Why do we have emotional lives, take sorrow over events long past, as in blank attempt to find the obscure roots of values, to find in the same place the cause of our mistakes and also the forgiveness of them?  Why is writing a lot to go through on a given day?  Why do some people turn into J.D. Salinger, or embrace, like Peter Matthiessen the practice of Zen Buddhism?  Why do we act at times against our own self-interest, to make at cost a kind of moral point obscure to even ourselves, such that we are compelled to ruminate and write about such things?

And yet, as the article and its underlying research studies point out, clearly writing works.  Reading the Gospels, reading Shakespeare, reading a poem, clearly works, even when it's not our own writing.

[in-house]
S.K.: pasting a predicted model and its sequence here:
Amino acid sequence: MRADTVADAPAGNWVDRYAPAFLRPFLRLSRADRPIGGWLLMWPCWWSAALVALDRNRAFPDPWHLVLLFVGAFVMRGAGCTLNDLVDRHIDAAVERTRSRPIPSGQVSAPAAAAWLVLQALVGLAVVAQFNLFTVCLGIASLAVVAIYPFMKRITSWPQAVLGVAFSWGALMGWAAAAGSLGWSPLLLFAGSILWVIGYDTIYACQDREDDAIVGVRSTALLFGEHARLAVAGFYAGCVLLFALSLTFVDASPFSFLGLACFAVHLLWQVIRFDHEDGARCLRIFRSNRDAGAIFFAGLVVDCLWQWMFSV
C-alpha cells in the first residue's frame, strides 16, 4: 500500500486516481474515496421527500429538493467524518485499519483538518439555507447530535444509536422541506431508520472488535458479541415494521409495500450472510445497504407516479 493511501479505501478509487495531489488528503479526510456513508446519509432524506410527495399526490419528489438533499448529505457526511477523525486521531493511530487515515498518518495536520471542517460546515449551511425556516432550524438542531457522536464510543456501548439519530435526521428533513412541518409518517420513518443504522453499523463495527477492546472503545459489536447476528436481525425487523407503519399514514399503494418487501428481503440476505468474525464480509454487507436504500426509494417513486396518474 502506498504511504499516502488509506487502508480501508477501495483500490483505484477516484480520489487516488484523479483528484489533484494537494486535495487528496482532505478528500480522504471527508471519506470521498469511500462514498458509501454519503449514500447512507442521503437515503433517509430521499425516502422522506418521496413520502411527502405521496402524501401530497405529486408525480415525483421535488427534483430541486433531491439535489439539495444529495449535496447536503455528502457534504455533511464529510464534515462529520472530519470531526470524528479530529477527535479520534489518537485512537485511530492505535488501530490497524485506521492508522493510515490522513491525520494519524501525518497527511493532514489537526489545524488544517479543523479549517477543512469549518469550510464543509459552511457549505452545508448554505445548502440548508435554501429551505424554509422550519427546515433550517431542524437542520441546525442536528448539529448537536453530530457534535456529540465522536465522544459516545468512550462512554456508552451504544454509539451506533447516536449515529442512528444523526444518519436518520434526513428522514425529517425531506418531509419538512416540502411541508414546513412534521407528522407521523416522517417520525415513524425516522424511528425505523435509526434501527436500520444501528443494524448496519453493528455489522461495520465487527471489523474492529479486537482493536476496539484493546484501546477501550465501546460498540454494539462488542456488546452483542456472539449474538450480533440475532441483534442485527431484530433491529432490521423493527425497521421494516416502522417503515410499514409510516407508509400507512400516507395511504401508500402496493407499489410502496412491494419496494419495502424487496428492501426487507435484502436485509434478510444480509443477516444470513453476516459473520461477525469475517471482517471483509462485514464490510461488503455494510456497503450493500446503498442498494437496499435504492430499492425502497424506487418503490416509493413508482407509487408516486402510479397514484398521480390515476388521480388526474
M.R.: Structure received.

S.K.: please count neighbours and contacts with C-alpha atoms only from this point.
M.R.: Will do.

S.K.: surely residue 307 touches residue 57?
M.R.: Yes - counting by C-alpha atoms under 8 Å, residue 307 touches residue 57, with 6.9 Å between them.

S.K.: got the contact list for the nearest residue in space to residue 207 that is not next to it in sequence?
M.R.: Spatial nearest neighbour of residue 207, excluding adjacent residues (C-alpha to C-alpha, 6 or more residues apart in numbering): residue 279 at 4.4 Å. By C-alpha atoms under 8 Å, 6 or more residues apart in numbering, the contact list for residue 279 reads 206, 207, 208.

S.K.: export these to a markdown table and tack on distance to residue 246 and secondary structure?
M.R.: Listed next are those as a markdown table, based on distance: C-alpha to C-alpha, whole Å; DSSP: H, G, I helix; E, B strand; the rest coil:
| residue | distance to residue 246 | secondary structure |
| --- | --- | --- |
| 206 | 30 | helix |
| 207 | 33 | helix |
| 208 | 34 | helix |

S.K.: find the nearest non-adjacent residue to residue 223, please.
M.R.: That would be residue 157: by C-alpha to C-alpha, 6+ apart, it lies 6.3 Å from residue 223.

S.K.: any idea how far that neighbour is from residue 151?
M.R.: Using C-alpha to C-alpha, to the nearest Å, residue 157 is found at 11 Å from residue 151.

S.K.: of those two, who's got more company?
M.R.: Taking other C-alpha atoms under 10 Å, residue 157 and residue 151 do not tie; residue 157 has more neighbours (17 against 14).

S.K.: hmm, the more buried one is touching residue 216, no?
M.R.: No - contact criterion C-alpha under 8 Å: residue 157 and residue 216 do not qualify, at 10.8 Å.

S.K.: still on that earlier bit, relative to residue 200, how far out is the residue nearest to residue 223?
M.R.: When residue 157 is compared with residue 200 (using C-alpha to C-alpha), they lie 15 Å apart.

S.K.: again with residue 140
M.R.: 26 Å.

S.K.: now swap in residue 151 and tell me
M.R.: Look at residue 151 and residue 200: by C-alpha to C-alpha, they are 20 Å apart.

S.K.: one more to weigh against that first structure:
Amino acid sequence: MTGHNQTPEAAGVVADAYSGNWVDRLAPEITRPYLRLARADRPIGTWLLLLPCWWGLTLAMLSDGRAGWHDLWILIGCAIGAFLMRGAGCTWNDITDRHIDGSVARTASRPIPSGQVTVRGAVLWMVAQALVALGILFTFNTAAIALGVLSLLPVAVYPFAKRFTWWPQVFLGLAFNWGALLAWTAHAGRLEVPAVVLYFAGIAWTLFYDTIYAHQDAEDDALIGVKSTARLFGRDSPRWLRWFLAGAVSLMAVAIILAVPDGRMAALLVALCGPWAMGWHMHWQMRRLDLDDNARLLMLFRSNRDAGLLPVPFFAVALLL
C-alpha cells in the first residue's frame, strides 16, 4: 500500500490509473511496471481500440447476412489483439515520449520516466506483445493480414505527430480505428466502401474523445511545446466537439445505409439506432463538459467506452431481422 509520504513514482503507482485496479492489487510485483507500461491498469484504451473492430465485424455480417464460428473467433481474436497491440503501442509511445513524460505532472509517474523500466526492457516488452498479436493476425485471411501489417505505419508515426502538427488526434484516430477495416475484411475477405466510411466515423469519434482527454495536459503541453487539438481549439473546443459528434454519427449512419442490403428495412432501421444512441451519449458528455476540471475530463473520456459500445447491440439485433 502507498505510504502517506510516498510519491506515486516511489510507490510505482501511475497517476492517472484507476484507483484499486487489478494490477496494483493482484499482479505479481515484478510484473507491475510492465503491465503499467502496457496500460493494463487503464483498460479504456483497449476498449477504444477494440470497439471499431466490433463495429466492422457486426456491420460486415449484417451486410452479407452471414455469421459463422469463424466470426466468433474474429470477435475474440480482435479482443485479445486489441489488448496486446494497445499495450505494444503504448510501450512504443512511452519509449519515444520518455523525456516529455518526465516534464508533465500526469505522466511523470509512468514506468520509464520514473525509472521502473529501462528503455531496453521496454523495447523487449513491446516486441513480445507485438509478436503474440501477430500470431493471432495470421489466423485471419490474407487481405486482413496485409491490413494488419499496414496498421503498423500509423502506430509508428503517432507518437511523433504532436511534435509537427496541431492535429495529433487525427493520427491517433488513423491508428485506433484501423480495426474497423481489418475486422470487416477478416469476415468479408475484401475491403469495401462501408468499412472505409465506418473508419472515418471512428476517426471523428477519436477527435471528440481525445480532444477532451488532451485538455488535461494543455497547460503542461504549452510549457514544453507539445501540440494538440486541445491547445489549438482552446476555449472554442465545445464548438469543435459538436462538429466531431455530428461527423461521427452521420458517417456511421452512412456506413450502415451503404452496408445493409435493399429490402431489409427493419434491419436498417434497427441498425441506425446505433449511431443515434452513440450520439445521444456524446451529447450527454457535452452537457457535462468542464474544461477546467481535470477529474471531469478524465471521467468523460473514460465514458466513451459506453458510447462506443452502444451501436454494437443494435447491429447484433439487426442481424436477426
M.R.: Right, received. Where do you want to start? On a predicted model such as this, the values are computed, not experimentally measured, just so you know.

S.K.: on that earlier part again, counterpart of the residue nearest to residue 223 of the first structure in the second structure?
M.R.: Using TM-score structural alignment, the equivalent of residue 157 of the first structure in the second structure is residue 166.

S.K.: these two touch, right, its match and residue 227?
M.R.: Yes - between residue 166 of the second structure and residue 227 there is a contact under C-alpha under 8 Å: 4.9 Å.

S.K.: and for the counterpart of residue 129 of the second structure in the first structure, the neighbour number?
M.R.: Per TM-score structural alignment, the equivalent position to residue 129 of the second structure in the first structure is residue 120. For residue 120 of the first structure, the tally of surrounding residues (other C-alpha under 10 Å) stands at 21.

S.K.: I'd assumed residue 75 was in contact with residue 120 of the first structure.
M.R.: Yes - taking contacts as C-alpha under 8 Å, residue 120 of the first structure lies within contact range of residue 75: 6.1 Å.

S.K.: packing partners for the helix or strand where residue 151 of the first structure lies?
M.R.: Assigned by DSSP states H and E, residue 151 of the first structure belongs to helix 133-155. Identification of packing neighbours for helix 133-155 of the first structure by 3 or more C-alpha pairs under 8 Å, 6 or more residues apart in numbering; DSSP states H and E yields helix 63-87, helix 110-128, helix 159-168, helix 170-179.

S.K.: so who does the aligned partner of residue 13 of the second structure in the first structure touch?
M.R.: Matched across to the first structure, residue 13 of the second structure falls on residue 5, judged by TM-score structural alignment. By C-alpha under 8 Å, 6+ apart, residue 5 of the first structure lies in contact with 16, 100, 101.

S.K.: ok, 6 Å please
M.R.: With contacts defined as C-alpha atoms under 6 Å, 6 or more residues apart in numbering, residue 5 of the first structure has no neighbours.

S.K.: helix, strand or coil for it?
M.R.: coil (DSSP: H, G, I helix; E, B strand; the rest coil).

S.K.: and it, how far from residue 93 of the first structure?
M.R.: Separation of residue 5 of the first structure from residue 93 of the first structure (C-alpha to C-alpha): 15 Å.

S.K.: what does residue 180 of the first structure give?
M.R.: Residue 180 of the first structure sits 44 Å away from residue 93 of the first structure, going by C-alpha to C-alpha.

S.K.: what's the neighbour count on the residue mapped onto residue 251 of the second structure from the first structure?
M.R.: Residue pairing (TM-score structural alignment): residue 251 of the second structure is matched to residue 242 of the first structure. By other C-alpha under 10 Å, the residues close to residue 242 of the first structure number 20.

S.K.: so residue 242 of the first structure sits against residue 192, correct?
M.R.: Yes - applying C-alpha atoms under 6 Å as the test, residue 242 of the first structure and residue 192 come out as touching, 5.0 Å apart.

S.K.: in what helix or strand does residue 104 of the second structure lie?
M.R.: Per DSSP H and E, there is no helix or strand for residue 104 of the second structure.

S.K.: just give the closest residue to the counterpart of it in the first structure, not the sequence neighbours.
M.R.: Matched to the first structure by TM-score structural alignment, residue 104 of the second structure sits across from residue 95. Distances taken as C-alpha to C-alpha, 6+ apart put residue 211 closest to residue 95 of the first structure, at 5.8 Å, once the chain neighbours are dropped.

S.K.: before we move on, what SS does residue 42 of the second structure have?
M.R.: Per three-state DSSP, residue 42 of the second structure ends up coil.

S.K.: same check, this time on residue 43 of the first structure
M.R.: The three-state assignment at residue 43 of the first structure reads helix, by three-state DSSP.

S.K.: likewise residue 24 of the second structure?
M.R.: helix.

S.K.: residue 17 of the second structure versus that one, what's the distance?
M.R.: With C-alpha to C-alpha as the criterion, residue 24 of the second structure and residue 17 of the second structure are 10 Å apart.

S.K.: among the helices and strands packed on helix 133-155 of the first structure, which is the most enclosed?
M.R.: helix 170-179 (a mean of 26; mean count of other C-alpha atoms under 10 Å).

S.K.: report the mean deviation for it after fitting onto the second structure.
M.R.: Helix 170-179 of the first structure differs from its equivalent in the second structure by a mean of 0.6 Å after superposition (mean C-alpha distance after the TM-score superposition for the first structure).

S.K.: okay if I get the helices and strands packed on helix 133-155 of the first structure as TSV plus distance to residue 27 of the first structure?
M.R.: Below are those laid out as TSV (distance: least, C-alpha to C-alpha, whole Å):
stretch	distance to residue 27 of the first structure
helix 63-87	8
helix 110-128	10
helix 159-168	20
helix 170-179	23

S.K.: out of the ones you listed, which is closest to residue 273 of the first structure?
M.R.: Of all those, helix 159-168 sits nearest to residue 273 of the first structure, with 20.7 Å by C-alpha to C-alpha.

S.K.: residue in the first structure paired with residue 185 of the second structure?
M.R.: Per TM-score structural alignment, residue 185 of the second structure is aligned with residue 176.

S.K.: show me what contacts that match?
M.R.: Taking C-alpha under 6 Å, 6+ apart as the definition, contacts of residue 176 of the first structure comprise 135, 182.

Then oddly, or not, does a person become, more fully, the writer of the words, as if it were the primary place, the most important way to be truthful, to interact, with and upon that surface or watery depth that is somehow apart of the things we do which are construed as daily action, the so-called "choices we make," thus calling for a reassessment, for a better understanding.

And so you write your daily piece, allowing it to mean whatever it might mean.  Then you go for a walk, do some laundry, hopeful of something, remaining positive about the experiment of life.  Is it a good day, or a bad day, when you write?  Does writing change anything?  Does it help you understand the things you truly value, the things you're doing wrong?  Does the writing come out, as it so often seems to, initially as crap, stuff your nervous about, and yet when you read it later there's a mind at work, and it's okay to say what you believe in, or say what's troubling you, or what the issue might be.